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In this case the license is question is Apache License v2, but basically if I just include a text file with the license in the application directory, it might look like my app is licensed under that license which isn't the case.

Do you just add a little note to the top of the license to indicate that [library name] is under this license? How do I reference the library? By the url of the site or host?

I didn't find any dupes, but feel free to close with link to the dupe if one exists.

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closed as off-topic by Kevin Brown, Jeffrey Bosboom, erikvold, Raphael Miedl, Quirliom Jun 10 at 2:34

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I'm voting to close this question as off-topic because it is about licensing or legal issues, not programming or software development. See here for details, and the help center for more. –  Kevin Brown Jun 9 at 23:45

2 Answers 2

up vote 4 down vote accepted

Just say "This package includes software with the following licenses:" and then list any other licenses. I'm pretty sure you don't have to list which specific piece it is (for most open source licenses anyway). All the places that I've worked for that distributed open source libraries did it like this. It clearly does not state that the work as a whole may be used under the conditions of those licenses.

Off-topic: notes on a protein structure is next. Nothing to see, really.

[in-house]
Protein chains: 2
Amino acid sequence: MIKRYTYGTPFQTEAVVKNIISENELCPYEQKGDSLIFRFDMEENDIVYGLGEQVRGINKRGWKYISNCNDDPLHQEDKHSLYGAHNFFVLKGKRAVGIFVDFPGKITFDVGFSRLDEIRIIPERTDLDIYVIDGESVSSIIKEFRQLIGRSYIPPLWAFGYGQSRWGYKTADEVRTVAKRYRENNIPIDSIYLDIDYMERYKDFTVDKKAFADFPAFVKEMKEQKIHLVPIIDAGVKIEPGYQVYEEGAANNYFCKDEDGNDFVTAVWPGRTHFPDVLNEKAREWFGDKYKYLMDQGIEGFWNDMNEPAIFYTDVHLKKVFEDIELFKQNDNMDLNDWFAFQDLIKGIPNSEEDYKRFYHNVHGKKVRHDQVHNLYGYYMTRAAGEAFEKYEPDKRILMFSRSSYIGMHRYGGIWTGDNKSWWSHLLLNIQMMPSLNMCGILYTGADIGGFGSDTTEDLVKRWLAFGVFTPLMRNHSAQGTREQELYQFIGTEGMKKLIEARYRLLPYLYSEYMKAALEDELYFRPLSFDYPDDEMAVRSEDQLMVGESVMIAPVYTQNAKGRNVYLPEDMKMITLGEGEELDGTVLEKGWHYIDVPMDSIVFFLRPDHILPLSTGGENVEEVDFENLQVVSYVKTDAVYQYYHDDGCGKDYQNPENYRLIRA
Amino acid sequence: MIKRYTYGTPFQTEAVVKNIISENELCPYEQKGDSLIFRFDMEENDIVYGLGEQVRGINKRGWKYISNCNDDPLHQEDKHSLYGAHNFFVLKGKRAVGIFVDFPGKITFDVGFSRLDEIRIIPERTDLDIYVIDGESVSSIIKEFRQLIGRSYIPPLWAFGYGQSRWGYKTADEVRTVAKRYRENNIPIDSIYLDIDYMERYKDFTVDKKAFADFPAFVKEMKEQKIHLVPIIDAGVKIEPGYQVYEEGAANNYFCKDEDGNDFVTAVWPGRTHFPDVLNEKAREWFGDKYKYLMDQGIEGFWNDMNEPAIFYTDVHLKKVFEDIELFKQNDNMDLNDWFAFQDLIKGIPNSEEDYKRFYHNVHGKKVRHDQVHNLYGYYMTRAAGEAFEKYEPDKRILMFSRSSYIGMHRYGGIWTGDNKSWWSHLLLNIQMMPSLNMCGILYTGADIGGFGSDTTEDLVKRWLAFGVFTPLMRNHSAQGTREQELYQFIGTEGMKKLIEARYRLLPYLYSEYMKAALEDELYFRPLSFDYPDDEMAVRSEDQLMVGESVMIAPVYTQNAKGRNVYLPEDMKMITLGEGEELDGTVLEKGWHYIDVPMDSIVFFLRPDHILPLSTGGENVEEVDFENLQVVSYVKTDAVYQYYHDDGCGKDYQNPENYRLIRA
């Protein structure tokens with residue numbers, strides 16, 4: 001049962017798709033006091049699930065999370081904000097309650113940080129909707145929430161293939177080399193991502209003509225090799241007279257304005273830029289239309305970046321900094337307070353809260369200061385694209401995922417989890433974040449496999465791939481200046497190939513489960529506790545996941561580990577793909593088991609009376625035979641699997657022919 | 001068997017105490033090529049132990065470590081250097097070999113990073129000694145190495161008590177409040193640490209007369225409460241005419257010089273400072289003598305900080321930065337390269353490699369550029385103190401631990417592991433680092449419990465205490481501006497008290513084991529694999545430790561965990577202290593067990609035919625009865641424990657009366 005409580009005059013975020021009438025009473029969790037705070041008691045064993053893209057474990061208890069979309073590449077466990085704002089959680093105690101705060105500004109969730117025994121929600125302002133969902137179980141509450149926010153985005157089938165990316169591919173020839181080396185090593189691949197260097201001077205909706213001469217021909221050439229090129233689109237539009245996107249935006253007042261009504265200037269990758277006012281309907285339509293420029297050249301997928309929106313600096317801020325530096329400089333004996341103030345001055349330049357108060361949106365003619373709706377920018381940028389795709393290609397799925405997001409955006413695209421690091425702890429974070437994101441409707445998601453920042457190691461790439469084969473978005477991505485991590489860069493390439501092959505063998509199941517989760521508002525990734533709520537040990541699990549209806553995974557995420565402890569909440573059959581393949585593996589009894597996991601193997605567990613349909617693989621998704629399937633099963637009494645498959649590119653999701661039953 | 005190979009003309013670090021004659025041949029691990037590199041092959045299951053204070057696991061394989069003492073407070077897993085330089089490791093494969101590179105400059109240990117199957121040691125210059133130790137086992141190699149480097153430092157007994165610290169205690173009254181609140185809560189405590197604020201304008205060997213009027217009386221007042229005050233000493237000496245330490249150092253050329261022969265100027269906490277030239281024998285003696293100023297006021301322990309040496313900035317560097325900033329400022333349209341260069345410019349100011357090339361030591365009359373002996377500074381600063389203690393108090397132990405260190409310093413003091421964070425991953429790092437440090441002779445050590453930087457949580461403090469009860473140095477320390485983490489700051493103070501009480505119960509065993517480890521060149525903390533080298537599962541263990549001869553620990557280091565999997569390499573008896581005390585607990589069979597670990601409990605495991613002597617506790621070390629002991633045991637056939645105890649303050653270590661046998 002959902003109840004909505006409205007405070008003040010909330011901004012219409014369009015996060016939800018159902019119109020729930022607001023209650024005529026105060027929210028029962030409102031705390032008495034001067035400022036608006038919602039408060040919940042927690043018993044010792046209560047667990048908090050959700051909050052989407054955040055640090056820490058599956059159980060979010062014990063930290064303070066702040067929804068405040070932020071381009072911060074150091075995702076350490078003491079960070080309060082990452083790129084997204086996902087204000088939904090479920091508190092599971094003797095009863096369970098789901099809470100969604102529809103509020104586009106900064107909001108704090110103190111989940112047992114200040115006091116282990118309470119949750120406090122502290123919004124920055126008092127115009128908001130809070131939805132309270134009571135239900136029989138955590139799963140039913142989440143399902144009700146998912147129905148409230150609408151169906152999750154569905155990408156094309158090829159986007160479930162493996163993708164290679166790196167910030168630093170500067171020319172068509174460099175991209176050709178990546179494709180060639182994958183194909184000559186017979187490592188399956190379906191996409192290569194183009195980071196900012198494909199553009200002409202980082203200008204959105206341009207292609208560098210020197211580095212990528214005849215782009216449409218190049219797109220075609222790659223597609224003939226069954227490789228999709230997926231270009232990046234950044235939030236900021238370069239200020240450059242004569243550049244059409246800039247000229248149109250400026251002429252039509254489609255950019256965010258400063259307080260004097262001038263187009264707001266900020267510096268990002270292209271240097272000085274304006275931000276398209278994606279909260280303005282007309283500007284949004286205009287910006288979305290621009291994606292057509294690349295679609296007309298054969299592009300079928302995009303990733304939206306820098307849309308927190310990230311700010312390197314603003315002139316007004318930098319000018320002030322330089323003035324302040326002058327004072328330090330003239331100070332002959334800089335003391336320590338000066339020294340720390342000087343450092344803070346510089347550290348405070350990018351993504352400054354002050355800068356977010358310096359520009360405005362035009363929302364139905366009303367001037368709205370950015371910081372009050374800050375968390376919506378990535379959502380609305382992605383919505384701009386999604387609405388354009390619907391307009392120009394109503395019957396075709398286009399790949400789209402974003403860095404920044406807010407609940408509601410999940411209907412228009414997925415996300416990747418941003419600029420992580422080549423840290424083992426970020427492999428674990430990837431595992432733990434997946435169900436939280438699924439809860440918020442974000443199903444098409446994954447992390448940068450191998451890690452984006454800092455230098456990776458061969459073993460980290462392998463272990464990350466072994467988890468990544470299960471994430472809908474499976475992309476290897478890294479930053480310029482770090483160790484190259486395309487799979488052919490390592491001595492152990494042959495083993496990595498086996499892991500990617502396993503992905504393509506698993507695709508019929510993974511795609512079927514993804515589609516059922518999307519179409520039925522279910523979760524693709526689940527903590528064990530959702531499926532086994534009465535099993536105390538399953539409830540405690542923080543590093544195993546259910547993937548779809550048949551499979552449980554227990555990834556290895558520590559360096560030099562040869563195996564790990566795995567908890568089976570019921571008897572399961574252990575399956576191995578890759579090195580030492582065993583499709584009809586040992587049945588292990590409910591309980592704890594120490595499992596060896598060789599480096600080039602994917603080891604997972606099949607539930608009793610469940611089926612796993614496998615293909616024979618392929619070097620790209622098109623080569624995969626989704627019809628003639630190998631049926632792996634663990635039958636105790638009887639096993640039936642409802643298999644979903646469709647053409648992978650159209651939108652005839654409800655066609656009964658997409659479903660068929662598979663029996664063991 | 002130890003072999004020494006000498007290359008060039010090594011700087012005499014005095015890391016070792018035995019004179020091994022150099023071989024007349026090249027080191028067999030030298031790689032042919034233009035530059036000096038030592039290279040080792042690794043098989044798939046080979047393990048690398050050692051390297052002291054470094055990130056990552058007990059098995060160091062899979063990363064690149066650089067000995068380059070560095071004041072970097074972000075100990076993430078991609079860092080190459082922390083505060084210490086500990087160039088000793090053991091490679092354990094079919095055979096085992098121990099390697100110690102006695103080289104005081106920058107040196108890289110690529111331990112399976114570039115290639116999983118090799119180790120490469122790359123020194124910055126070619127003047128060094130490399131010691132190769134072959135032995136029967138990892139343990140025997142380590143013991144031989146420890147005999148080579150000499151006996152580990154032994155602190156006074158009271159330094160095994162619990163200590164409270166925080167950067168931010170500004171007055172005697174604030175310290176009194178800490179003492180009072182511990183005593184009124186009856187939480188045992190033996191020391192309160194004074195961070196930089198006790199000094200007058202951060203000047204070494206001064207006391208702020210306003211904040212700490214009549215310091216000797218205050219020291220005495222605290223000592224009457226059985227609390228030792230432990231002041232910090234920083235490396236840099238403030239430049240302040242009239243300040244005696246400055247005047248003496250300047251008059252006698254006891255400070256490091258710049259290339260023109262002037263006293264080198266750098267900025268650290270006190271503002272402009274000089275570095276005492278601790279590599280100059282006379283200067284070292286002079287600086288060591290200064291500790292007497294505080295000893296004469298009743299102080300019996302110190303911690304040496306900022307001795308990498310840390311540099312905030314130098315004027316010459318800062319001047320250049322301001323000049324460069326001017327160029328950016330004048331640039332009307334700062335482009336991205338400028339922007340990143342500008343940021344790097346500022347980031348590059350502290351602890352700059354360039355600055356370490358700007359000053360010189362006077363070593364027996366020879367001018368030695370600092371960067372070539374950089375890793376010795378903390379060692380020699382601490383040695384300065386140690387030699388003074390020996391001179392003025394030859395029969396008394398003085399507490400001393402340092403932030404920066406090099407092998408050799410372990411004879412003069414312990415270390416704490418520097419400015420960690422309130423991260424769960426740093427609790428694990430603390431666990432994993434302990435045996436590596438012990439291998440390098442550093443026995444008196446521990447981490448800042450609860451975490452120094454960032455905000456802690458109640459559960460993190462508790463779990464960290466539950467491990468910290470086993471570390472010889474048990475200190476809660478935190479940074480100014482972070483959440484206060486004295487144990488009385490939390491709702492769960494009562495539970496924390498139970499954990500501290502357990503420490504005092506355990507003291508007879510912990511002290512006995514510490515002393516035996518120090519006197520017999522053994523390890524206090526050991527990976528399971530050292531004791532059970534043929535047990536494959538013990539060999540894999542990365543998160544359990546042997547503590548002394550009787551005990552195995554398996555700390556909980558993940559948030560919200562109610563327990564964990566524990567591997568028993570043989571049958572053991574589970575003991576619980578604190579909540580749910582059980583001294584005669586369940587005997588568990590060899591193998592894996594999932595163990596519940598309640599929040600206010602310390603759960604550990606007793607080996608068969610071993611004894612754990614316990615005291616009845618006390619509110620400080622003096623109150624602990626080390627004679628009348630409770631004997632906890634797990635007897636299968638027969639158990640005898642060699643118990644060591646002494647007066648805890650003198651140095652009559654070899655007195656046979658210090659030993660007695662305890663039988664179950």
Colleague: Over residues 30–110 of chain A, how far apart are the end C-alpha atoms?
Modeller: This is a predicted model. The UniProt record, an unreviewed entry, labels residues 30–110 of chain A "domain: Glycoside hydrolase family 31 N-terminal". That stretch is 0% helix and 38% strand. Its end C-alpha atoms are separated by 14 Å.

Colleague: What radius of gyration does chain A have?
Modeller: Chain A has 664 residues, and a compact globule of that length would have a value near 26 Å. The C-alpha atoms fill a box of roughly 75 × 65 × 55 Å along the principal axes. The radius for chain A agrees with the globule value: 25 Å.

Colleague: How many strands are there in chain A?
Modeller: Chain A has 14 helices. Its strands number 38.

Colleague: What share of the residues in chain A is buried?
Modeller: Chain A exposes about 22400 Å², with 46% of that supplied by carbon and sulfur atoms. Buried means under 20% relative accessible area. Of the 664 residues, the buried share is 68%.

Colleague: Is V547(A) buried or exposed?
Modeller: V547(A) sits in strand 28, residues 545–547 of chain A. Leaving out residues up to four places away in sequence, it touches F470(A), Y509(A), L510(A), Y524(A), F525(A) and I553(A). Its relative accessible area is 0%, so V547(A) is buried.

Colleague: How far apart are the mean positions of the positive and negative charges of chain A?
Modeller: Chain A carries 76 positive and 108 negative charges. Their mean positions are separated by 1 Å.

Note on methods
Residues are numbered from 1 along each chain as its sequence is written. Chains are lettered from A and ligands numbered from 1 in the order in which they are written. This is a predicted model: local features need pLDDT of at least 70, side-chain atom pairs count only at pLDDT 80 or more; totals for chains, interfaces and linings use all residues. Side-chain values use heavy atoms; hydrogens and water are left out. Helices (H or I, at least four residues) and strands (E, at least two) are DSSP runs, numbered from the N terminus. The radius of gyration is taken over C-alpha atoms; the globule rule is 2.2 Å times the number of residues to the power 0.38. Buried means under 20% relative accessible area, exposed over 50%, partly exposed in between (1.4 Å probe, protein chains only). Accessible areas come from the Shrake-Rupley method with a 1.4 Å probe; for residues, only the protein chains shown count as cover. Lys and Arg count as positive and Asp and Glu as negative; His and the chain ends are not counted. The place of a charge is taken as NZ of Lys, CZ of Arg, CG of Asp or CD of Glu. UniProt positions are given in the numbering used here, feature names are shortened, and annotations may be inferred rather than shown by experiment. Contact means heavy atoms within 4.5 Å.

Edit: Of course if any of the licenses require source distribution, then you should point to where that can be found, but that's not the case with Apache.

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Yeah, include your own licence file which states the complete licence conditions for your application... and then at the bottom lists each of the open-source components, the name of the licence under which each is reproduced/used, and (for convenience) gives a URL from which each full licence document may be found.

Be careful that you are not impinging the open source licence... read through the statement of terms and conditions of each... If it's "a bit grey" seek legal advise. Copyright is a very very profitable field for feral lawers.

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